Monday, Apr 23, 2018
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CD reviews: Diverse album from Kaskade transcends dance-music genre

Producer and DJ Kaskade released his debut artist album last year, and now returns with a follow-up that is a richly satisfying blend of funky house music and slow and sultry, R&B-tinged grooves. Instead of butting heads, the two distinct musical styles complement each other within the context of the disc, giving it a musical breadth and soul uncommon in dance music.

The disc's signature is how Kaskade (Ryan Raddon) proves himself equally adept at turning out great floor-filling house tracks like "Steppin' Out" and "Sweet Love" while also writing mellow ballads with quality melodies and rich musical ambience - particularly "Strum" featuring Amy Michelle on vocals, and "Soundtrack to the Soul" with Anthony Green.

They are among several vocalists joining Kaskade on the disc, and their range of voices enhances his songwriting and production skills as he smoothly eases through dance, soul, and even a taste of funk on "Yeah Right."

It's discs like this, with the quality of its original songs, the strong melodies and vocals, and stylistic diversity, that will move dance music forward.


Jesse Sykes' second disc is as much a series of haunting, moody meditations as it is a collection of songs, conjuring the ghost of Johnny Cash with its dirge-like waltzes and crawling tempos. The 10 songs on "Oh, My Girl," which will be released Tuesday, require listeners with patience and the willingness to wait for the subtle pleasures each cut reveals. Somewhere between, Cash, and the chamber pop of Nico - thanks to Sykes' deep, rough voice - the songs are reminiscent of the Cowboy Junkies, Emmylou Harris, and even Robbie Robertson's solo work. But Sykes is an original, too, albeit a tough one to characterize.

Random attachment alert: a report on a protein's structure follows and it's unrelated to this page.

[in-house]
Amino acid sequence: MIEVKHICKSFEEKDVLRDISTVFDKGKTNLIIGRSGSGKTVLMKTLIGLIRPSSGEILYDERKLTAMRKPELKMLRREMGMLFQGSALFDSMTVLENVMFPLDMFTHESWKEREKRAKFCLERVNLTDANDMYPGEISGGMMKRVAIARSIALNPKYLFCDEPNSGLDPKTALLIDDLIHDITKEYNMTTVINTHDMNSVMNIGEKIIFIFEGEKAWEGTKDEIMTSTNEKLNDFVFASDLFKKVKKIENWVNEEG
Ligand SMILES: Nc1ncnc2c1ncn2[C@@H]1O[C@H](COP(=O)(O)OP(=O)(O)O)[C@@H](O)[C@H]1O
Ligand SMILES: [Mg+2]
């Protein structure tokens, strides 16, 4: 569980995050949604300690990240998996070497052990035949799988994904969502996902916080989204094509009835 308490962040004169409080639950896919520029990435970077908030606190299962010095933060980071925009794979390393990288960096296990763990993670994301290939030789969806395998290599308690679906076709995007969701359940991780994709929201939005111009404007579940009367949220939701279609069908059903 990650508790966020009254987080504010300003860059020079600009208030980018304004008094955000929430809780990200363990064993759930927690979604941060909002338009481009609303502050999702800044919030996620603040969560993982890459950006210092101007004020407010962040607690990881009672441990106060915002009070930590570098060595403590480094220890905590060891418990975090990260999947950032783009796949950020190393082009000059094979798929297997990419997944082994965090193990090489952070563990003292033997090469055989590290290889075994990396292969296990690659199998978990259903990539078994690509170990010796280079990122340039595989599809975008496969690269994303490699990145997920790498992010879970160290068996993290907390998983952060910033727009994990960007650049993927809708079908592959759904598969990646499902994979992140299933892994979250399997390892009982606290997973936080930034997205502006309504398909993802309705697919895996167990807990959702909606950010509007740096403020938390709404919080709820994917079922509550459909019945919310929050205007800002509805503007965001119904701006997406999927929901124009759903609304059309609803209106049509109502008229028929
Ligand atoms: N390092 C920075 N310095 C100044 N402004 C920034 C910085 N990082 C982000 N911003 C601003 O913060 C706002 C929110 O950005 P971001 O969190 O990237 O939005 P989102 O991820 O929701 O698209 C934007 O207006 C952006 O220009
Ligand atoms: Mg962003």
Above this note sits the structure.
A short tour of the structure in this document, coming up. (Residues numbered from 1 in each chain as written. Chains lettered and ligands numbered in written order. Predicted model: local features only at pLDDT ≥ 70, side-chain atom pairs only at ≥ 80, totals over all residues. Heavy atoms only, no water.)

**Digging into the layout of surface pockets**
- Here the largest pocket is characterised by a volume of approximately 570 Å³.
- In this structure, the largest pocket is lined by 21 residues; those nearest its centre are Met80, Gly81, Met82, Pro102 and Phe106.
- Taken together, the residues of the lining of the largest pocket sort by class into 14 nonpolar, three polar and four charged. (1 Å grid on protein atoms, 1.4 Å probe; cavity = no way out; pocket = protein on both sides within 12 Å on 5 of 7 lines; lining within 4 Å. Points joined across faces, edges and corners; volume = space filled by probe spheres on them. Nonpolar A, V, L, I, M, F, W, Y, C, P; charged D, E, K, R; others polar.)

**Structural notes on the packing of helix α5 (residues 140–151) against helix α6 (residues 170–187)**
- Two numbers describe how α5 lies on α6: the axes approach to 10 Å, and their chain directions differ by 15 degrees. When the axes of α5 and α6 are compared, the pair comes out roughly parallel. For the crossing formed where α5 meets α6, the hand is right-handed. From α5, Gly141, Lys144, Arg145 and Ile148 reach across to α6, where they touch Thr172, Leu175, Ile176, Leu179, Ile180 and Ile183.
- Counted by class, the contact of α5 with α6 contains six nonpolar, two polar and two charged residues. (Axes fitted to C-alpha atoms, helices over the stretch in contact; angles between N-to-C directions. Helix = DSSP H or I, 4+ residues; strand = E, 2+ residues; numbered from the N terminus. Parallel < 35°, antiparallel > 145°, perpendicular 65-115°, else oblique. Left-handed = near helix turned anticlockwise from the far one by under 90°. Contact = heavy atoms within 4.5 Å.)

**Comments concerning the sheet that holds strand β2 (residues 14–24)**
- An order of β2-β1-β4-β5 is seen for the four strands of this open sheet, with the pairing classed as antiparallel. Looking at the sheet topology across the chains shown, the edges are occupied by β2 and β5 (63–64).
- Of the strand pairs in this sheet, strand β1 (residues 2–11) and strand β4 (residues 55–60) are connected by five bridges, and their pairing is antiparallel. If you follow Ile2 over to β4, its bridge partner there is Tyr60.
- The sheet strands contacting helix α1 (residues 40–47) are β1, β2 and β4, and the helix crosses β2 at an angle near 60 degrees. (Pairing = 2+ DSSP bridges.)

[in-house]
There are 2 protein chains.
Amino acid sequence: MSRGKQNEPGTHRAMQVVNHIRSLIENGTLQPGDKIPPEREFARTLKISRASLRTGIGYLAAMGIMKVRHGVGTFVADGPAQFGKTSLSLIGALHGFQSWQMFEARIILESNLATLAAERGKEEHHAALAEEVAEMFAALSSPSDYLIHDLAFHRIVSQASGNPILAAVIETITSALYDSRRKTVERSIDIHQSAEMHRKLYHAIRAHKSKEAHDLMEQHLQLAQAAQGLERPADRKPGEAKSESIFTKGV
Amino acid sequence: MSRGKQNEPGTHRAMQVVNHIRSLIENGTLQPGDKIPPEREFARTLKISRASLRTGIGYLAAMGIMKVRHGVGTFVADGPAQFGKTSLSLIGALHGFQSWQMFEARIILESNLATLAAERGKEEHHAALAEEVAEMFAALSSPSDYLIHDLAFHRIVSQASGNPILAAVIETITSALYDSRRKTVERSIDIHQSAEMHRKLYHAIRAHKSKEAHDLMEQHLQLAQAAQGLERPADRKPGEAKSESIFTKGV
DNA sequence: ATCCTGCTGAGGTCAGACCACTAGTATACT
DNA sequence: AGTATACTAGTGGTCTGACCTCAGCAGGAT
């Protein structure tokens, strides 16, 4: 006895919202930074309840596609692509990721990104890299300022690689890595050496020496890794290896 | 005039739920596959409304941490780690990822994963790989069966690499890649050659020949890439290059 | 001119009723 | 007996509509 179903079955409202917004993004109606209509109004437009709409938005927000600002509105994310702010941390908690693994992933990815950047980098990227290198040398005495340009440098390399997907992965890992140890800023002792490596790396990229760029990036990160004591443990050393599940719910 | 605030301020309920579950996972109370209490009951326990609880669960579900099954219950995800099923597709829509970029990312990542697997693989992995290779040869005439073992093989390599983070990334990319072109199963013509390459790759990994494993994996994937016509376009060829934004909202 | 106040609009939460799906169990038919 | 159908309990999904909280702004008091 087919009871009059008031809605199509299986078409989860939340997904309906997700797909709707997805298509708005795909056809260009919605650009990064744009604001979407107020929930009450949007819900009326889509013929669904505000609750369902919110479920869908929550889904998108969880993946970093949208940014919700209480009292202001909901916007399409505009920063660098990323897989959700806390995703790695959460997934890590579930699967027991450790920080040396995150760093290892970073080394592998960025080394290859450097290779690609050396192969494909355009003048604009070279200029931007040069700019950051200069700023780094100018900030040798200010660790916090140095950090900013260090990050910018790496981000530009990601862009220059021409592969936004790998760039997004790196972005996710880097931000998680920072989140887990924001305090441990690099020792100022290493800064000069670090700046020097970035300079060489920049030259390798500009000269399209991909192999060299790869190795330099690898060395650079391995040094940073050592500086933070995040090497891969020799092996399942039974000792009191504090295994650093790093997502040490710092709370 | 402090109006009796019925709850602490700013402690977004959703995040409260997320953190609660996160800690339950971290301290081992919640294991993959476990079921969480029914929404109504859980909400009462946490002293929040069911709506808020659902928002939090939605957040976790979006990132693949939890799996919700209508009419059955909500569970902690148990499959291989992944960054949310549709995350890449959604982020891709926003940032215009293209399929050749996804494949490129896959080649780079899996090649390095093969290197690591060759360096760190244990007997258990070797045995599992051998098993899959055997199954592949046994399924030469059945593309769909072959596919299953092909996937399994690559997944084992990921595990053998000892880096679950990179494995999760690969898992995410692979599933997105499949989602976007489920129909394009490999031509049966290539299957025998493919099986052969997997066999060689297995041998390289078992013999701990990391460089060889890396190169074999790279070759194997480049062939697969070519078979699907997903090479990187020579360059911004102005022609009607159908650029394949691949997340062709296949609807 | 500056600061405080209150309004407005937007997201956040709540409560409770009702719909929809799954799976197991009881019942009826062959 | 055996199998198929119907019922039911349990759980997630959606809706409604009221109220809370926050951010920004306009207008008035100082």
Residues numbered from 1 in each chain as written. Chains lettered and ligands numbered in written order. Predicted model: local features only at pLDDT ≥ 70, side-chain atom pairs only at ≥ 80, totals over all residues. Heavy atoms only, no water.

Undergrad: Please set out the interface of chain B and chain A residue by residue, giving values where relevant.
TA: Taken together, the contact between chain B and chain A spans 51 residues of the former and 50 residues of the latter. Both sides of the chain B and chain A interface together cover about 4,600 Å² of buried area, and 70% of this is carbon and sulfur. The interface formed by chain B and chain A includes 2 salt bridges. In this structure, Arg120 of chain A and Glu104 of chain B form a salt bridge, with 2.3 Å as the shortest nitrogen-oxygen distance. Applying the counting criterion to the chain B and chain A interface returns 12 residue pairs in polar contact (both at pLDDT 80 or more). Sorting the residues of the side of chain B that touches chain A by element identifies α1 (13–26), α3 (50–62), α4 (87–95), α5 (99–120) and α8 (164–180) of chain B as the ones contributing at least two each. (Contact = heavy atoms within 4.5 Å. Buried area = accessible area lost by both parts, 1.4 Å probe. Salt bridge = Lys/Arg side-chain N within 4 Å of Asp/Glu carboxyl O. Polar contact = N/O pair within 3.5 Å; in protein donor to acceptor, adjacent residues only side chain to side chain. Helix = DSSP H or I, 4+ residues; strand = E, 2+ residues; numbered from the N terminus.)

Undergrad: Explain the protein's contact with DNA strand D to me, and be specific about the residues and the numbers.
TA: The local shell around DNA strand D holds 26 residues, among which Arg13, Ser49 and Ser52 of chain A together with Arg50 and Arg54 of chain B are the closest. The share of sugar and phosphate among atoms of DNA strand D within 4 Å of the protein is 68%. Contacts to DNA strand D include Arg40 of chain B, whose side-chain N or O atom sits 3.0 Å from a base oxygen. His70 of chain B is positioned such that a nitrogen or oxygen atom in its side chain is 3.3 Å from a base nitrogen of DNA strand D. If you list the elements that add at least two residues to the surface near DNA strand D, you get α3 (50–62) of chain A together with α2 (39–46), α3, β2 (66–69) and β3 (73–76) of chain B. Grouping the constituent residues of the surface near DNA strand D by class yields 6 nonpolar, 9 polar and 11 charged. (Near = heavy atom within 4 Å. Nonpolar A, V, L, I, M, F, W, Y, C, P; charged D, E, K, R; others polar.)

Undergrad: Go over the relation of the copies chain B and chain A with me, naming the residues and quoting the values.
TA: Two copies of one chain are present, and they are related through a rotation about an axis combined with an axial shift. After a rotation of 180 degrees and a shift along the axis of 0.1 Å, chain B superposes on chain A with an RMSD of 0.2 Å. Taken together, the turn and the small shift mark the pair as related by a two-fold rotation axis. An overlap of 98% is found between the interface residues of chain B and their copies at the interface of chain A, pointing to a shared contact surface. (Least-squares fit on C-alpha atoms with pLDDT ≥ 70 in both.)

Diffie, who rose to prominence largely on the success of his mellow country ballads, shares this disc with some high-steppers. He continues to show his writing skills, too, as he co-authored 5 of the 12 songs. The melody hooks are typical of Diffie on tunes that tell a story while the music keeps the lyrics flowing smoothly. He offers much more than hum-drum ballads and nonsensical stuff, reaching out to listeners with some serious and poignant issues too.


For Stefon Harris, who may be the most innovative vibraphonist since Milt Jackson, this latest offering with his new band "Blackout" is a wonderful synthesis of funky jazz rhythms blended over a mix of acoustic and electronic instruments. Casey Benjamin, on alto sax, plays with fire while a rhythm section of keyboardist Marc Carey, bassist Darryl Hall, and drummer Terreon Gully lays down a foundation that creates moods of Jamaican and street sounds that roar. With Harris, we once again find a performer trying to break free from an increasingly restrictive old-school definition of jazz.


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